If you’ll allow me to get meta, science fiction as a genre has a history of doing more than scary or unsettling. Under the guise of invention or far-future fantasy, science fiction can tackle deeper, darker issues than a casual reader might expect. It makes you think, even as it’s raising some goosebumps.
That’s what the jury has to say about Joel Arnold’s Bedtime Stories for the Apocalypse. They’re chilling in the classic campfire story way, sure, but all the more frightening for the dark societies they posit for perhaps the not-so-far future. One theme that seems to thread through a number of the stories–“Branding Day,” “Mr. Blue,” “Harvey’s Favorite Color”–may be surveillance (in both that creepy totalitarian way and elsewise). “Shiners” and “Burrow” have something to say about trust (or lack thereof). “Padre Sapo” raises the specter of some really terrifying faith healing, and “Mr. Blue” some terrifying medical healing.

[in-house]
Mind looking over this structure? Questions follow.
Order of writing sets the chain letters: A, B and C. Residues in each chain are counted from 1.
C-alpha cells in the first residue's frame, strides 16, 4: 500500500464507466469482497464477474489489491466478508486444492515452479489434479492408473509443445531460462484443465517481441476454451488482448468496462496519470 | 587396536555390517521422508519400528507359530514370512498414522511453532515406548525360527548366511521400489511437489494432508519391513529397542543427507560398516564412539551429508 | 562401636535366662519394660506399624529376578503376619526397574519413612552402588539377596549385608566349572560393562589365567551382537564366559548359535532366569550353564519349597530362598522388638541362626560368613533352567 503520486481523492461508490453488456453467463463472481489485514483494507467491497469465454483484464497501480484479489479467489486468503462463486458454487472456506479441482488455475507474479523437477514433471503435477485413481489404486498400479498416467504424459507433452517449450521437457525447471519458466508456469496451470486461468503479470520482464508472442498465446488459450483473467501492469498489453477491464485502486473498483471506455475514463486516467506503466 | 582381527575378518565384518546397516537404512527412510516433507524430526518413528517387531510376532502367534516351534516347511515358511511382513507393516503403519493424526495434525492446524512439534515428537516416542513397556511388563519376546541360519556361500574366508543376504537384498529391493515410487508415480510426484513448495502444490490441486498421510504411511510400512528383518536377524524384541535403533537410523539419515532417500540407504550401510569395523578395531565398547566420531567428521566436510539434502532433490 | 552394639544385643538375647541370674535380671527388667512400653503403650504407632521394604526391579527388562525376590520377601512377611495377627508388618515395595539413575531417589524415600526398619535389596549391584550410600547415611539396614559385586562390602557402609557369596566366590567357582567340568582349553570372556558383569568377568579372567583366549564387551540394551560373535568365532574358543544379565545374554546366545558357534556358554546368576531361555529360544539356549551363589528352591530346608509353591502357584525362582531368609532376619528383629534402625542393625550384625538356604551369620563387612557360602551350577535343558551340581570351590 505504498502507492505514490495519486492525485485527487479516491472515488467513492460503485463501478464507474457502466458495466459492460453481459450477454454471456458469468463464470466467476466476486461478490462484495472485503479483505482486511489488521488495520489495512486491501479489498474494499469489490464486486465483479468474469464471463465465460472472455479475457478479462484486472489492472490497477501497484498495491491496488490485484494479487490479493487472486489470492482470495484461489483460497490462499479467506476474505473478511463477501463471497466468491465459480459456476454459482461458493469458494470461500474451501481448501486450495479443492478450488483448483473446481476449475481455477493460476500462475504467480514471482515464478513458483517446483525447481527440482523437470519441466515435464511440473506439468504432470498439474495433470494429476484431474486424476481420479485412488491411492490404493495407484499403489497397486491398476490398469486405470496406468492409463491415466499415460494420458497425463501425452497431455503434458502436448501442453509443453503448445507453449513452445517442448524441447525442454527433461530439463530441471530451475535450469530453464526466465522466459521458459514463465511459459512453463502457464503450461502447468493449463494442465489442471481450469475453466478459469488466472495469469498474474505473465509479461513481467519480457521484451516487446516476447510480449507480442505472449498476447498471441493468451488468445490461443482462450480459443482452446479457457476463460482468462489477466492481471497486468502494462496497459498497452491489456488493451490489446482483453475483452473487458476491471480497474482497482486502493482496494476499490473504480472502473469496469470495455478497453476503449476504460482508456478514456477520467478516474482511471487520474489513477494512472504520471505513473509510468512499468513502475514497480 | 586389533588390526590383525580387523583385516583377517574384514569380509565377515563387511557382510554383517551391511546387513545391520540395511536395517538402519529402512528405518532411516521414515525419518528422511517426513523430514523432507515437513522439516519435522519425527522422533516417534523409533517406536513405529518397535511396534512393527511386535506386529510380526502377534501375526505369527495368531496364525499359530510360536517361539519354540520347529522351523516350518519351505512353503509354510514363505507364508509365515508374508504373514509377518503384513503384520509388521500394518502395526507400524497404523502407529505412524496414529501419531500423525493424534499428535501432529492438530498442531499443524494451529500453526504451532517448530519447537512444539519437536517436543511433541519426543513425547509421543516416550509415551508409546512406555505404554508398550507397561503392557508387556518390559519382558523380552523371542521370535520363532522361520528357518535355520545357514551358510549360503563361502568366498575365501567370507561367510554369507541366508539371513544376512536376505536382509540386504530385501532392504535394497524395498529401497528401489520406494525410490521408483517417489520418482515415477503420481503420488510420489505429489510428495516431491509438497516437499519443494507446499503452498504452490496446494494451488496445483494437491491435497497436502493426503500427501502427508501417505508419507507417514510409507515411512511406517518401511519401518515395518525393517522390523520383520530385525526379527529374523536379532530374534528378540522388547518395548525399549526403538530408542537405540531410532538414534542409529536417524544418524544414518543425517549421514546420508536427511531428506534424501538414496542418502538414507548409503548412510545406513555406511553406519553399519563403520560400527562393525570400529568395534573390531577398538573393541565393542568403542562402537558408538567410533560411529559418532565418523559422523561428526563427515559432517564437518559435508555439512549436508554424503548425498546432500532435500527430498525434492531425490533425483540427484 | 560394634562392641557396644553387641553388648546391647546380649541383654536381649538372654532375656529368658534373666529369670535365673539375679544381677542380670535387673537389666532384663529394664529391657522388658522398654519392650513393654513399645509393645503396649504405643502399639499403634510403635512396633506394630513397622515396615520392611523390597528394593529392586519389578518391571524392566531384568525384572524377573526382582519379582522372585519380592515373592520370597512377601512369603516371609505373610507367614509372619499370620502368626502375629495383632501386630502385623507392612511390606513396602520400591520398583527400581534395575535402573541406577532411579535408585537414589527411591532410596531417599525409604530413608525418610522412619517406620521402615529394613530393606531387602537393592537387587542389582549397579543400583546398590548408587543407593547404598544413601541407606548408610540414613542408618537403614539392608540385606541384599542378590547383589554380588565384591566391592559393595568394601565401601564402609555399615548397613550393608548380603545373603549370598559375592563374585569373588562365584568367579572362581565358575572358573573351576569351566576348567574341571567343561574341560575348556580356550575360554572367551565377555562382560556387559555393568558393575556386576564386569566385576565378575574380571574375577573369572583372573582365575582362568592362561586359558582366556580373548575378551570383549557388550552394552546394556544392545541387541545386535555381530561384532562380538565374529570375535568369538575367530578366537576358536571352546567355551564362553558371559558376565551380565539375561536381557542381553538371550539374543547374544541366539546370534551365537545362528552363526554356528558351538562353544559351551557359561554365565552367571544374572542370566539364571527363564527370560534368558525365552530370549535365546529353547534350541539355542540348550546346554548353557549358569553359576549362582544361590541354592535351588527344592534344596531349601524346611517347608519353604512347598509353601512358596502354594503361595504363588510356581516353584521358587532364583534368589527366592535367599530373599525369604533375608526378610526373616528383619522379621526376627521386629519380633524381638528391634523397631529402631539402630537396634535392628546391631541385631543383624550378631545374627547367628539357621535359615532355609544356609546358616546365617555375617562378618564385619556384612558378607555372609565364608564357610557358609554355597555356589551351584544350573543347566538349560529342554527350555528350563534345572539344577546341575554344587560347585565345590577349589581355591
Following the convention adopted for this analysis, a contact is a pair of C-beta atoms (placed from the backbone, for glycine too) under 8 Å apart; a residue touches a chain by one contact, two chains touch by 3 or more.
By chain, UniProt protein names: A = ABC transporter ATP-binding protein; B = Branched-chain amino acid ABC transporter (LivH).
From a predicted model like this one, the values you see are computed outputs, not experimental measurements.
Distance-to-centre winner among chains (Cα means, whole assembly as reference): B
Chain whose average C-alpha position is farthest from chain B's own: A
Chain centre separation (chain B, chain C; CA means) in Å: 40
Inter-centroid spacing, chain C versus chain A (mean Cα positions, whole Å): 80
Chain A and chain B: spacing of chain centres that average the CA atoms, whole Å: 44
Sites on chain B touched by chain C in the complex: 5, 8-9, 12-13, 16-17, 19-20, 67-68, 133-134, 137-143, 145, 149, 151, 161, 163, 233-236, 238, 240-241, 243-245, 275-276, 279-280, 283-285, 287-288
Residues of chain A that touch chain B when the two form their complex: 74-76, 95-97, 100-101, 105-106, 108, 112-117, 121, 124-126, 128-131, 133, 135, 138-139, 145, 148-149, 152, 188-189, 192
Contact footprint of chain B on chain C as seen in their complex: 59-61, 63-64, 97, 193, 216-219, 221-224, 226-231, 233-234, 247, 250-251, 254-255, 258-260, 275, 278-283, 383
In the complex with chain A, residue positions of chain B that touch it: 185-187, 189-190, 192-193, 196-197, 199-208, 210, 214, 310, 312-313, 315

Reading time: At 65 pages, this could be polished off on a lunch break. But it’s a short story collection, not a novel, and since each individual piece does leave an unsettled feeling in the pit of the stomach–the Scattering advises breaking up the scary sci-fi diet.
Recommendation: With engaging (if dark) ideas and clean, clear prose, Bedtime Stories for the Apocalype is accessible to all audiences. And since the holidays are approaching, it might just be a conversion tool for all those haughty doubters of the powers of science fiction.
Bedtime Stories for the Apocalypse is available as an ebook at Amazon for $1.79.